Vt. lawmakers consider $200M workforce package
MONTPELIER, Vt. (WCAX) - President Joe Biden Friday touted a record drop in unemployment and a surge in job growth, crediting his economic plan for an unemployment rate now below four percent and the addition of six-point-four million jobs to the economy last year. In Vermont, the challenge is too many unfilled jobs and lawmakers are now looking at nearly $200 million in immediate housing and workforce investments.
In his State of the State address Tuesday, Governor Phil Scott outlined a flurry of proposals to bolster Vermont’s workforce through training, housing, and COVID relief cash. A budget surplus could jumpstart some of those efforts long before the state budget is passed later this spring.
“When your cut is bleeding, the first thing you do is stop it from bleeding, then you make longer term changes when you have the time,” said Vt. Finance Commissioner Adam Greshin.
Fueled by federal cash and state tax revenues, the governor wants to spend up to $200 million as part of the budget adjustment, a mid-year change to the state budget. It would include:
- $80 million for housing.
- $50 million to pay down debt.
- $30 million in health care recruitment incentives.
- $25 million for more step-down hospital beds.
Lawmakers say they are digging into the numbers. “This was really important to get this started, to get money out the door,” said Rep. Tom Stevens, D-Waterbury.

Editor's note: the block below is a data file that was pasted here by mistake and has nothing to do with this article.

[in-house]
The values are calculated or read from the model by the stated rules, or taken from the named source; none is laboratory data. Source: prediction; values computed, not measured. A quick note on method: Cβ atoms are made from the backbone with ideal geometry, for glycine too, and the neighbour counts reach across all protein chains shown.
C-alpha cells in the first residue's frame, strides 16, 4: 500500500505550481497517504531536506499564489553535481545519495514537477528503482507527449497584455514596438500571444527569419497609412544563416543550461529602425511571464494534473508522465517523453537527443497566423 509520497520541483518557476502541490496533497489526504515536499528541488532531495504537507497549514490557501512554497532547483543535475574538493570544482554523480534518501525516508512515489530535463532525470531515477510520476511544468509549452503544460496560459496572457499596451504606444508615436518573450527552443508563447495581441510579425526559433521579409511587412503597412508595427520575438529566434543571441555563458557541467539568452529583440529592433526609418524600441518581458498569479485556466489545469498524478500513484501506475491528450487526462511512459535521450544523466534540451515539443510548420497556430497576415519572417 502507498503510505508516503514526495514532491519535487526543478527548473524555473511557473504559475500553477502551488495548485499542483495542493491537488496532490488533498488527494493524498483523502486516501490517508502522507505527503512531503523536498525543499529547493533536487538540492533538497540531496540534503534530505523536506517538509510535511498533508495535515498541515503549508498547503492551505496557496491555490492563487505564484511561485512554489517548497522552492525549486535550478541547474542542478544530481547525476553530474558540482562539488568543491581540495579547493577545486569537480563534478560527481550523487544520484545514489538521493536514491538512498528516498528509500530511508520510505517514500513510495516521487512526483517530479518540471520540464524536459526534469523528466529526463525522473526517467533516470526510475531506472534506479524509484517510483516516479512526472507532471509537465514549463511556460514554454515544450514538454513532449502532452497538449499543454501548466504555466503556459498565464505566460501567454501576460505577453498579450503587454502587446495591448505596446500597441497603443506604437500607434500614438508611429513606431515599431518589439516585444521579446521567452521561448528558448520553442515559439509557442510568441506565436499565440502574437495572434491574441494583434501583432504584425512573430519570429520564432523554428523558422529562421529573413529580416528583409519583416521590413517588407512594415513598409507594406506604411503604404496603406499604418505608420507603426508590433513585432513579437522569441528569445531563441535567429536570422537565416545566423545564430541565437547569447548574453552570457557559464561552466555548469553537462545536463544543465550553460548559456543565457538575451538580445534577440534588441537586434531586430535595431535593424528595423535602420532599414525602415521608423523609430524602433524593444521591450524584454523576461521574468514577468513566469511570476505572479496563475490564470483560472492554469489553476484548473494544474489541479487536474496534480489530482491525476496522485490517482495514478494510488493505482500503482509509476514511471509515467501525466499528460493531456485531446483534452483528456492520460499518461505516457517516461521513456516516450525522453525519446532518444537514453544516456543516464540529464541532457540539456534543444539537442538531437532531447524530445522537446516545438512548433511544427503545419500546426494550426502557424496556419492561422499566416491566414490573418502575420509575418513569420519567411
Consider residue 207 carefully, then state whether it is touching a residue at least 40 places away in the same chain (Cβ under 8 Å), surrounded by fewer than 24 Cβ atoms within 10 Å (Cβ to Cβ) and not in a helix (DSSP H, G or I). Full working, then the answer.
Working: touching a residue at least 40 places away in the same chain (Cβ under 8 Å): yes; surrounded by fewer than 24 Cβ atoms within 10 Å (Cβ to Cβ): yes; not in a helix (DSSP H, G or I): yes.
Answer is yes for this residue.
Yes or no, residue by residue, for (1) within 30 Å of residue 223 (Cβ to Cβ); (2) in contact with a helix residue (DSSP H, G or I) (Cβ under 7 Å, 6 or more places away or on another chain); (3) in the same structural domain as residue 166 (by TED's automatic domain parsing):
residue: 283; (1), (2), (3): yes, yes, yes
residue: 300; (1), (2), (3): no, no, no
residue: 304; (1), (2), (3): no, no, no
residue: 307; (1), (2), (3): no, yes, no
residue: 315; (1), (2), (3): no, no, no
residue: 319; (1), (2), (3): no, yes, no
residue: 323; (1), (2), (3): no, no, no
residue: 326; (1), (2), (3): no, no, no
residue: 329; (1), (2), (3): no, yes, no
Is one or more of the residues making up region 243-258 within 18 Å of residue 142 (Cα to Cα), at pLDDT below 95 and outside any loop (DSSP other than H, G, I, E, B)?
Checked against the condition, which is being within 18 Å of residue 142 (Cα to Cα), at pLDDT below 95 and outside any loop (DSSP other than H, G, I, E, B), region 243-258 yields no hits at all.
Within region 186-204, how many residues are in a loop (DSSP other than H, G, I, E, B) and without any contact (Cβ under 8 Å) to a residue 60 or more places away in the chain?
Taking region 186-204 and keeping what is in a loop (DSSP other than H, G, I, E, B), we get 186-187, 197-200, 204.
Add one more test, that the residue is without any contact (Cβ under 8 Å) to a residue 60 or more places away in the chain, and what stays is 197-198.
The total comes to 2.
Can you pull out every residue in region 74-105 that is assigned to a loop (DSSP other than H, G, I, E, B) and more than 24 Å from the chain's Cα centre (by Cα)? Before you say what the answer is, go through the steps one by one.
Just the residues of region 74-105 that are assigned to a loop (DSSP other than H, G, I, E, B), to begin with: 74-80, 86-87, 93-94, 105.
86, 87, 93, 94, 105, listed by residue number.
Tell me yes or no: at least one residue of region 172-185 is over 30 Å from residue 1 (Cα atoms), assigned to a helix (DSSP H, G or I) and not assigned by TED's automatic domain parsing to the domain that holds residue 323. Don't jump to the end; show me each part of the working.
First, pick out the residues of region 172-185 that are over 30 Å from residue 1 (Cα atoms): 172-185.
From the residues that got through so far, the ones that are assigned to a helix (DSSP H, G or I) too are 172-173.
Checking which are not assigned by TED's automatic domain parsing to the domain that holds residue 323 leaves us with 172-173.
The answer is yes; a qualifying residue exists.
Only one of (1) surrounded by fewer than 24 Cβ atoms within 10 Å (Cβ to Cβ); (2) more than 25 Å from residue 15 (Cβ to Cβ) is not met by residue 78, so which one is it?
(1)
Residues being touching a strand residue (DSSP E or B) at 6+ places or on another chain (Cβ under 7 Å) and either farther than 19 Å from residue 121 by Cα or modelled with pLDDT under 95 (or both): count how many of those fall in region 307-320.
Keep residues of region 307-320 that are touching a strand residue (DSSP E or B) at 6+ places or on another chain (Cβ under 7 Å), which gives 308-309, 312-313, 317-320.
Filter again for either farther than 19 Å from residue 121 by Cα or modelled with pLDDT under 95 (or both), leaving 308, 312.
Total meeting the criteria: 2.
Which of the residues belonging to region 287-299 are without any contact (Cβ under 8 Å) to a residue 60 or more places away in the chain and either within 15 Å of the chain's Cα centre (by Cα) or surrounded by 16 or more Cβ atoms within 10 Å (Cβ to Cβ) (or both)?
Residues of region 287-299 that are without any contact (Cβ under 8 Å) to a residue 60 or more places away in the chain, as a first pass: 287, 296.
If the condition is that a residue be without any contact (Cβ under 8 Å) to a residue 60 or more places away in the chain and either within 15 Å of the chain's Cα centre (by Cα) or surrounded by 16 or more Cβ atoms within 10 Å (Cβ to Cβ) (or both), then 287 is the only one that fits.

That process will include gathering public testimony from organizations still reeling from the pandemic.
“On behalf of all of our students, we ask that you address the budget deficits due to COVID,” said Brian Kravitz with Central Vermont Adult Basic Education.
“We need an investment for our workforce, a flexible investment so each agency can use it for recruitment,” said Julie Tessler with Vermont Care Partners.
Lawmakers may not support all of the proposals, but Rep. Stevens says any money for housing will help. “People need to have a home that they can call their own and it doesn’t matter what income level they’re at. If we can get them there and they can make Vermont home, then we all win,” he said.
Whatever form the surplus takes, Greshin warns about using the money to fund new programs. “On the one hand, it’s been pleasing to have the ability to make investments and make appropriations in a million years that I thought we wouldn’t be able to do. On the other hand, I’m sober enough to know that we’re going to have to repay this,” Greshin said
Lawmakers are looking to act on this cash within the month.
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